Some children who receive investment income are required to file a tax return and pay tax on at least a portion of that income (and possibly at the parents’ marginal tax rate). This is often referred to as the kiddie tax. The kiddie tax cannot be computed accurately until the parents’ income is known. Thus, the child’s return may have to be extended until the parents’ return has been completed. Additionally, if the parents’ return is amended or adjusted upon IRS audit, the child’s return could require correction (assuming the changes to the parental return affect the tax bracket). If a child cannot file his or her own tax return for any reason, such as age, the child’s parent or guardian is responsible for filing a return on the child’s behalf.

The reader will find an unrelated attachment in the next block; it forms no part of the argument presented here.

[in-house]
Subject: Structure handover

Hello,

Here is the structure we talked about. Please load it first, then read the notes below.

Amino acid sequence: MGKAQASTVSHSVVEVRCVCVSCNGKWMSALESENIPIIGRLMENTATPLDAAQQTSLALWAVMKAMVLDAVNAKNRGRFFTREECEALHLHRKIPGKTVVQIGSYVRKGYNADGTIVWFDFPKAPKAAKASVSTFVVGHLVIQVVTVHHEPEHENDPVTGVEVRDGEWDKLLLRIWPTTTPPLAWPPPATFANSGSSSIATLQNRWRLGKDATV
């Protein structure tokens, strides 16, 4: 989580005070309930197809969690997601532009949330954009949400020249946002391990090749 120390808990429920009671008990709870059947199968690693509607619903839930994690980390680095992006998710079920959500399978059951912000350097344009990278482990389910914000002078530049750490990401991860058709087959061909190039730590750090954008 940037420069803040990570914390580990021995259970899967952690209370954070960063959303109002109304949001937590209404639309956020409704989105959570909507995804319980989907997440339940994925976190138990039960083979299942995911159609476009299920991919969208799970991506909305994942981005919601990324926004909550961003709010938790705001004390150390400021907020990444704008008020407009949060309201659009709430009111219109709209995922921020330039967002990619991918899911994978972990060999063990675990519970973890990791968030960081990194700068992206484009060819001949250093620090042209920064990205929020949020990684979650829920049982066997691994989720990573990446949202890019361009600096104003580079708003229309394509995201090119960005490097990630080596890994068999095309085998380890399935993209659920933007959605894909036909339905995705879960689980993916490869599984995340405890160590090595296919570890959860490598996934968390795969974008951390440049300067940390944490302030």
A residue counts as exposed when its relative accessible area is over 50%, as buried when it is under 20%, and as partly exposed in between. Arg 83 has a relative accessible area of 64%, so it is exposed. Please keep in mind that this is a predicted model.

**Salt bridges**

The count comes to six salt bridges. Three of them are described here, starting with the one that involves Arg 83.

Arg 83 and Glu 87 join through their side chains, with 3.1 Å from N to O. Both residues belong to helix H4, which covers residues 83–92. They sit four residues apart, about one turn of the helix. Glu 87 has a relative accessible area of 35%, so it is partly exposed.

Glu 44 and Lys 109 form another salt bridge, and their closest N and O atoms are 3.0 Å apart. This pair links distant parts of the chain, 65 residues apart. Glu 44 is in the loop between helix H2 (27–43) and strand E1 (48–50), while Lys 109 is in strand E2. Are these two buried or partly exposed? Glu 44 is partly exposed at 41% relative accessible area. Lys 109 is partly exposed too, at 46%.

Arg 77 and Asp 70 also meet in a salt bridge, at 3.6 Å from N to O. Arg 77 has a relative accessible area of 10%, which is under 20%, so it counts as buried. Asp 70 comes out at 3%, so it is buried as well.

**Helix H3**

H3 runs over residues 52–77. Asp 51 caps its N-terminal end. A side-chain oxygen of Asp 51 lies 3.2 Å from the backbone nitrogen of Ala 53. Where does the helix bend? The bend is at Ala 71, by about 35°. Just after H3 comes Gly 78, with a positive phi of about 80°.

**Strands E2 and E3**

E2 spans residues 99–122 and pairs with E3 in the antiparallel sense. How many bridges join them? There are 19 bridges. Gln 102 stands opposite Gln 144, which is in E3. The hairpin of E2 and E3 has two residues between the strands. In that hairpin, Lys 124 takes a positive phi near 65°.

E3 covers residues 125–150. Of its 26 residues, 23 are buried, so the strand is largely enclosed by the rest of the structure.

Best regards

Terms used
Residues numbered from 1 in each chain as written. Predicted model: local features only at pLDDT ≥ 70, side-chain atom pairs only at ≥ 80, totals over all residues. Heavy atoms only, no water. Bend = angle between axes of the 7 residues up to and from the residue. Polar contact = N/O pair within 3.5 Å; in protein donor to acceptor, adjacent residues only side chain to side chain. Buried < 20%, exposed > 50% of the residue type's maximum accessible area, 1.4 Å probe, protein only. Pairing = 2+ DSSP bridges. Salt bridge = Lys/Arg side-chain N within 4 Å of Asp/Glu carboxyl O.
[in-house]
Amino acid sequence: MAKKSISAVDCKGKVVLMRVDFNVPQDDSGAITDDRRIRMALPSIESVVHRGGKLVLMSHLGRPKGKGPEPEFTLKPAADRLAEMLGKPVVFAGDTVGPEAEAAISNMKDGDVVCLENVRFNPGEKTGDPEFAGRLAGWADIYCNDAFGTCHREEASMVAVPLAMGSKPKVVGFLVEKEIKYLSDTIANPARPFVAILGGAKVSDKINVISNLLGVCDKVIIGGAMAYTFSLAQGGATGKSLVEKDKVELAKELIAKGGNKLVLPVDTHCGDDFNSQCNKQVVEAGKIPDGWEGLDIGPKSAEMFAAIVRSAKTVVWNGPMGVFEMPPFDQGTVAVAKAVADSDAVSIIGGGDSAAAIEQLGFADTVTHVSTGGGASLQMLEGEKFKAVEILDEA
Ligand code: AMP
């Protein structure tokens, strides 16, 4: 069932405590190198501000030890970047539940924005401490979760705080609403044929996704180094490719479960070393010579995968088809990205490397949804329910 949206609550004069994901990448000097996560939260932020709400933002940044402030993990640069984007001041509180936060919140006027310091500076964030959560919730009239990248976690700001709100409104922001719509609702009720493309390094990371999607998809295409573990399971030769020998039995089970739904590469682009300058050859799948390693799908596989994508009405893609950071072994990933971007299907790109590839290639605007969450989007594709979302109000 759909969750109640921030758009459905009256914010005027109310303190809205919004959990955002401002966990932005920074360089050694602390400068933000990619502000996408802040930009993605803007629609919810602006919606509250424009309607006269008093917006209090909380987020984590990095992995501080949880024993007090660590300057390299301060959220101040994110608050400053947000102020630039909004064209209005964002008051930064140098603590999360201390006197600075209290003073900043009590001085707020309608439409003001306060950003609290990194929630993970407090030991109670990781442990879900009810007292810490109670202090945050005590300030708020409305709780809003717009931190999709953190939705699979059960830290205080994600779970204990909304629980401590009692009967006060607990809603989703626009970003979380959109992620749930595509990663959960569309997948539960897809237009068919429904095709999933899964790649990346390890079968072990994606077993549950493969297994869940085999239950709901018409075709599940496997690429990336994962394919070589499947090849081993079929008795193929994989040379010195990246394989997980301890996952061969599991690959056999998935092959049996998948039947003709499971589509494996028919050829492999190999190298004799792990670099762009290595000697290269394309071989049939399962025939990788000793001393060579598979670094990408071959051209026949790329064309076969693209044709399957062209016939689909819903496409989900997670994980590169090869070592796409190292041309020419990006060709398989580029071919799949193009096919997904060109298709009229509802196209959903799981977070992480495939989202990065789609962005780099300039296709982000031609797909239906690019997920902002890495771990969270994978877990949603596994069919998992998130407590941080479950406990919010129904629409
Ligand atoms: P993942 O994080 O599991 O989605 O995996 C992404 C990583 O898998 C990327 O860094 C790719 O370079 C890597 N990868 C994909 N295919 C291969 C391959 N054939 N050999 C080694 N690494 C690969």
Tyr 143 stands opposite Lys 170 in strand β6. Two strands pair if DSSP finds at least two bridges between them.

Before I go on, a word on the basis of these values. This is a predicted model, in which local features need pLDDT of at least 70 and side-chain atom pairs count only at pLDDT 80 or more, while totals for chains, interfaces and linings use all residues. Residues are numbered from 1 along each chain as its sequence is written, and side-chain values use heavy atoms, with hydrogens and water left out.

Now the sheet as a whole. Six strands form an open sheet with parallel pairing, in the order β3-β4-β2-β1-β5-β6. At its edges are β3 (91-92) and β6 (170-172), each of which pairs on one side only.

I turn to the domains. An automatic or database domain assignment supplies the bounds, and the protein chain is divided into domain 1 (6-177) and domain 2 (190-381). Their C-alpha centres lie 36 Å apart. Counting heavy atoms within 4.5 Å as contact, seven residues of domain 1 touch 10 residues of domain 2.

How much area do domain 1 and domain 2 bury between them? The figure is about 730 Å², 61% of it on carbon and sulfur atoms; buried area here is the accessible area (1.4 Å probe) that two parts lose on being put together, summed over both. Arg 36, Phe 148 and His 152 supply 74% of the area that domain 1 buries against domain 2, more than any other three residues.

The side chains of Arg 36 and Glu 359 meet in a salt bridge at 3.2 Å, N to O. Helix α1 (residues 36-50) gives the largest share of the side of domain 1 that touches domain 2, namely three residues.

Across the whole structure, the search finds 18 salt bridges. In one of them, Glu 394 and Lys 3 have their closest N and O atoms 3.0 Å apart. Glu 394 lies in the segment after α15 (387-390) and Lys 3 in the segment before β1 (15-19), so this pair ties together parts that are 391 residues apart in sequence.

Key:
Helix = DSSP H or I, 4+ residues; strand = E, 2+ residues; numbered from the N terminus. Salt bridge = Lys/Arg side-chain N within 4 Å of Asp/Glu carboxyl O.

There are tax rules that affect how parents report a child’s investment income. Investment income normally includes interest, dividends, capital gains, and other unearned income, such as from a trust. Some parents can include their child’s investment income on their tax return. Other children may have to file their own tax return. Special rules apply if a child’s total investment income is more than $2,000. Finally, the parents’ tax rate may apply to part of that income instead of the child’s tax rate.
Note: Higher income individuals subject to the 3.8% net investment income tax (3.8% NIIT) may benefit from shifting income to and having their child claim investment income on the child’s tax return. This may be advantageous because the child receives his or her own $200,000 exclusion from the 3.8% NIIT.
Please contact Martini, Iosue & Akpovi by phone at (818) 789-1179 if you have any questions or would like more information.